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Chymical Societies

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Chymistry in late Seventeenth-Century Dublin

‘Dr. Mullen gave an account of the following experiments: The expressed juice of a Connough worm given to a dog did no perceivable harm, but another dog, who had taken the skin, was found dead two days after. The root of filipendula aquatica circutae facie given to a dog, killed him in three days. A salt taken from a ground consisting of earth and sea-sand, coagulated milk, yet could not be crystallised. He also produced a stone, said to be an elf-dart, but it was agreed to be nothing but the head of an arrow or spear of the ancients. He showed likewise a stone curiously resembling a wrought button, as also a small stone that moves being put in vinegar, by reason of the little bubbles on which it slides, which arise from the luctation between it and the acid.’

Papers of the Dublin Philosophical Society, 3 November 1684.

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Nicolas Lemery, A course of chymistry… (London,      1698), Table VI.

The variety of experiments undertaken by Allen Mullen (1653/4-1690), one of the most active members of the late seventeenth-century Dublin Philosophical Society, reminds us that the Society did not focus solely on chemical concerns but instead sought to mirror the broad preoccupations of the Royal Society on which it was based and with which it had strong ties. The papers of the Dublin society, edited by Theodore Hoppen (2008), display a wealth of information about the pursuit of science during the period 1683-1709. Of all the members of the Dublin Society Mullen was the one most interested in chymical experiments. In 1693 he recounted to his audience yet more experiments, this time concentrating on black sand from Virginia:

 

Some experiments on a black shining sand brought from Virginia supposed to contain iron.

  1. ‘ A small phial filled with ordinary white sand… being filled with Virginia sand, was found to contain… more than what was equal to its bulk.
  2. This sand did apply to the magnet, both before and after calcination, but the latter did apply better to it than the former.
  3.  A parcel of this sand mixed and calcined with powdered charcoal, and kept in a melting furnace for about an hour, yielded no regulus, but applied more vigourously to the loadstone than either of the former.
  4. I fluxed a parcel of this sand with fixed nitre in a melting furnace for above an hour, but could obtain no regulus nor any substance that would apply to the magnet, excepting a thin crust that stuck firmly to a piece of charcoal that dropped into the crucible when the matter was in fusion.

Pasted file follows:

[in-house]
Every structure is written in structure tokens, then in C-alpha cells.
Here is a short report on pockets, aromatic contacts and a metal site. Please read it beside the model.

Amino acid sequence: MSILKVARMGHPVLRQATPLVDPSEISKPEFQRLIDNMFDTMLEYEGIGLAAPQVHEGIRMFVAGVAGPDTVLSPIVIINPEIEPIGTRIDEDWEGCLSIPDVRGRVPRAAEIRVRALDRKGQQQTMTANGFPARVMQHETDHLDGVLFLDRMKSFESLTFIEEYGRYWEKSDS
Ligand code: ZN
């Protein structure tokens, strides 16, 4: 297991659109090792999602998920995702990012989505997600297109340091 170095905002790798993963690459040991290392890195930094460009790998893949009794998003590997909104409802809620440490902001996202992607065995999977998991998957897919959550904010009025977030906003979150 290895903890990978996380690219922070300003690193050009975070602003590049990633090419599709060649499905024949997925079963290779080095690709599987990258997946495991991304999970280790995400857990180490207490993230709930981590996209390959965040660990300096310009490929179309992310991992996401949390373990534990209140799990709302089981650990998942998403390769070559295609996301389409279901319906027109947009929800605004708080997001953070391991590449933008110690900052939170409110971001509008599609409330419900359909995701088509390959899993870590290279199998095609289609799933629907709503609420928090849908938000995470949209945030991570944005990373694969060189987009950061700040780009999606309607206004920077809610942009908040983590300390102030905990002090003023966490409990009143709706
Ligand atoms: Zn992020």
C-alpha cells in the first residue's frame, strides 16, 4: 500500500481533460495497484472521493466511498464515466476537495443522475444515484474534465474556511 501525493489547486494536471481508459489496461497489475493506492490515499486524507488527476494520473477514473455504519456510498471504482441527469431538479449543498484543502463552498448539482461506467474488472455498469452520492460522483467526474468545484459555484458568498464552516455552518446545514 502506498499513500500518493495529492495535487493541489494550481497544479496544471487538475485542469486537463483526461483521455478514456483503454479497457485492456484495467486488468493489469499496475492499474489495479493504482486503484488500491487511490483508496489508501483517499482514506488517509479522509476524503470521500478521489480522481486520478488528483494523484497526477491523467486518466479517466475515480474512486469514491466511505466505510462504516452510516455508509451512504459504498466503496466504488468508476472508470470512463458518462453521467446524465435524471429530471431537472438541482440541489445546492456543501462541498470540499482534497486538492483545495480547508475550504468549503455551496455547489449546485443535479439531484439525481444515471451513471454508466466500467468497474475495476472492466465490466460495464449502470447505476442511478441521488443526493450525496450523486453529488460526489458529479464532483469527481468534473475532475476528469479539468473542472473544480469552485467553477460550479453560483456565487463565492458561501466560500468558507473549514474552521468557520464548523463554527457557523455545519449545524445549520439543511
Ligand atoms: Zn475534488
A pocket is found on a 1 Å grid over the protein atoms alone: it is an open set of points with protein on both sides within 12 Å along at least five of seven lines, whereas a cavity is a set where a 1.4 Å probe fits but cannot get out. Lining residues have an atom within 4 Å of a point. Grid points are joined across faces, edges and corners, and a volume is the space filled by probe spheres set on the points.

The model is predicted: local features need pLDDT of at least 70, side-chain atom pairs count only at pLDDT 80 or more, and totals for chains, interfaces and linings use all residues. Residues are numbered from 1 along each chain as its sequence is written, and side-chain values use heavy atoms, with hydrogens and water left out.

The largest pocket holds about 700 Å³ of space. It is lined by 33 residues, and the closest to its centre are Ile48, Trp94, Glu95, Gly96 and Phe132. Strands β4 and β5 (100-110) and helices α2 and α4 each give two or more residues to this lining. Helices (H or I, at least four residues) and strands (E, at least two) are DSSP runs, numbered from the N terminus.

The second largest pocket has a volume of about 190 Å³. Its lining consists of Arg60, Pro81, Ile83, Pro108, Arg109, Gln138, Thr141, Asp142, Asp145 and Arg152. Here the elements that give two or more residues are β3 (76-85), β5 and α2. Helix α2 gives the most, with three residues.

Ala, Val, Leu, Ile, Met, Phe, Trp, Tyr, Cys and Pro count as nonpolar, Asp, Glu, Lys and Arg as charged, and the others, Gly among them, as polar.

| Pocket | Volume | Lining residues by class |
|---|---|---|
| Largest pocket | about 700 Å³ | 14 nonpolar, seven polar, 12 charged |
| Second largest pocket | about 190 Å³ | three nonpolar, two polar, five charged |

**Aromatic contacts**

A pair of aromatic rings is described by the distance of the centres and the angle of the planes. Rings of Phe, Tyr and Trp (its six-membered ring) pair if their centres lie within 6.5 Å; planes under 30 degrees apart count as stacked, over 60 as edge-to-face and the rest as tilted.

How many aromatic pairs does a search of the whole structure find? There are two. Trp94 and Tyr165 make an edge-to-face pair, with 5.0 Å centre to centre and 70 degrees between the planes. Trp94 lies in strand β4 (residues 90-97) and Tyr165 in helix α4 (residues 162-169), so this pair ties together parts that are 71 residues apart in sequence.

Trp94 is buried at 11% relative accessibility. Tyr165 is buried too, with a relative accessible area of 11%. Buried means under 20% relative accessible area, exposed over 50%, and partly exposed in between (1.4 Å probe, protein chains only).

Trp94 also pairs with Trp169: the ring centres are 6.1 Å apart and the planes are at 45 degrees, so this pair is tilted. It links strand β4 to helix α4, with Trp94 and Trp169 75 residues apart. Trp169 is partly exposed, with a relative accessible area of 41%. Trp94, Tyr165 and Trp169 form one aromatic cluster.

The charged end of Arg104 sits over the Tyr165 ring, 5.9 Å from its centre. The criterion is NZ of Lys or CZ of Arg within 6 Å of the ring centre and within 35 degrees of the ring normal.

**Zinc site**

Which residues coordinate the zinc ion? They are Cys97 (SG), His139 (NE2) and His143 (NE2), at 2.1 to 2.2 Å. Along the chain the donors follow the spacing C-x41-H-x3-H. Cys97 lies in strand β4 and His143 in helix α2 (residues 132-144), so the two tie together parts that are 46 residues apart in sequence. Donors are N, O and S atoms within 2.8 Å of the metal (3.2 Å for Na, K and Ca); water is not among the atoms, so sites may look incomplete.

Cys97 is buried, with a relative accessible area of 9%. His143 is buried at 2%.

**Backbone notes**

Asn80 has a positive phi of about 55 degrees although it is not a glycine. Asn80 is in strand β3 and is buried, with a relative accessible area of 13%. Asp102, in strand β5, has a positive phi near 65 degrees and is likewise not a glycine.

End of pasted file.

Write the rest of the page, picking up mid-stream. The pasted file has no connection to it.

5.  I fluxed it also with saltpetre and powdered charcoal, dropping piece of charcoal afterwards into the crucible. It continued about an hour in the melting furnace in fusion, and that without producing a regulus or a substance that would apply to the magnet, excepting only what stuck to the charcoal, as in the former experiment.
  6.  I fluxed another parcel of it with saltpetre and flowers of brimstone, without being able to procure any regulus.
  7.  I poured good spirit of salt on a parcel of this sand, but could observe no luctation thereby produced.
  8.  I poured good spirit of nitre, both strong and weakened with water, on parcels of the same sand, without being able to discover any conflict.
  9. I poured single aqua fortis upon another parcel of it, without being able to perceive any ebullition worth noting.
  10.  I poured double aqua fortis upon another parcel of it, which for ought I could discover had no more effect on it than the former.
  11.  I poured also some aqua regia on a parcel of it, without discovering any sensible effect.
  12.  I poured good oil of vitriol upon another of this sand, but seeing no bubbles thereby produced, I weakened the oil with water, but without any sensible effect.
  13.  I repeated all the former experiments with the menstruums upon this sand after calcincation per se in a crucible, but could scarce observe a bubble produced by any of them.
  14.  I poured some of each of the liquours upon parcels of the powder of this sand calcined, without any success. Note: that I made these experiments both in the cold and upon a sand furnace, so that to me there seems to be but little warning to discover any metal known to us, if it contained any such, for there is no metal nor ore that some of these menstruums will not work on.
  15.  I powdered a fragment of a loadstone and poured some of these menstruums upon it, without being able to find that they in the least preyed upon it, any more than they did upon the sand.
  16.  I poured some of the aforementioned menstruums upon ordinary sand taken out of a sand furnace, where it must have suffered some calcination, but could find no more bubbles produced thereby than what might rationally be supposed to be produced from time and other dirt mixed with the sand.’

Hoppen (ed.) (2008), Papers of the Dublin Philosophical Society, vol I, pp 412-3.

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Angelo Sala, Opera medico-chymica quae extant omnia (Frankfurt, 1647), 5E1r.

These experiments should not be attempted.

Sources

Hoppen, K. Theordore (ed.) (2008), Papers of the Dublin Philosophical Society, 2vols (Irish Manuscripts Commission, Dublin).

Lyle, Ian (2004) ‘Mullin, Allen (1653/4–1690)’, Oxford Dictionary of National Biography, Oxford University Press.

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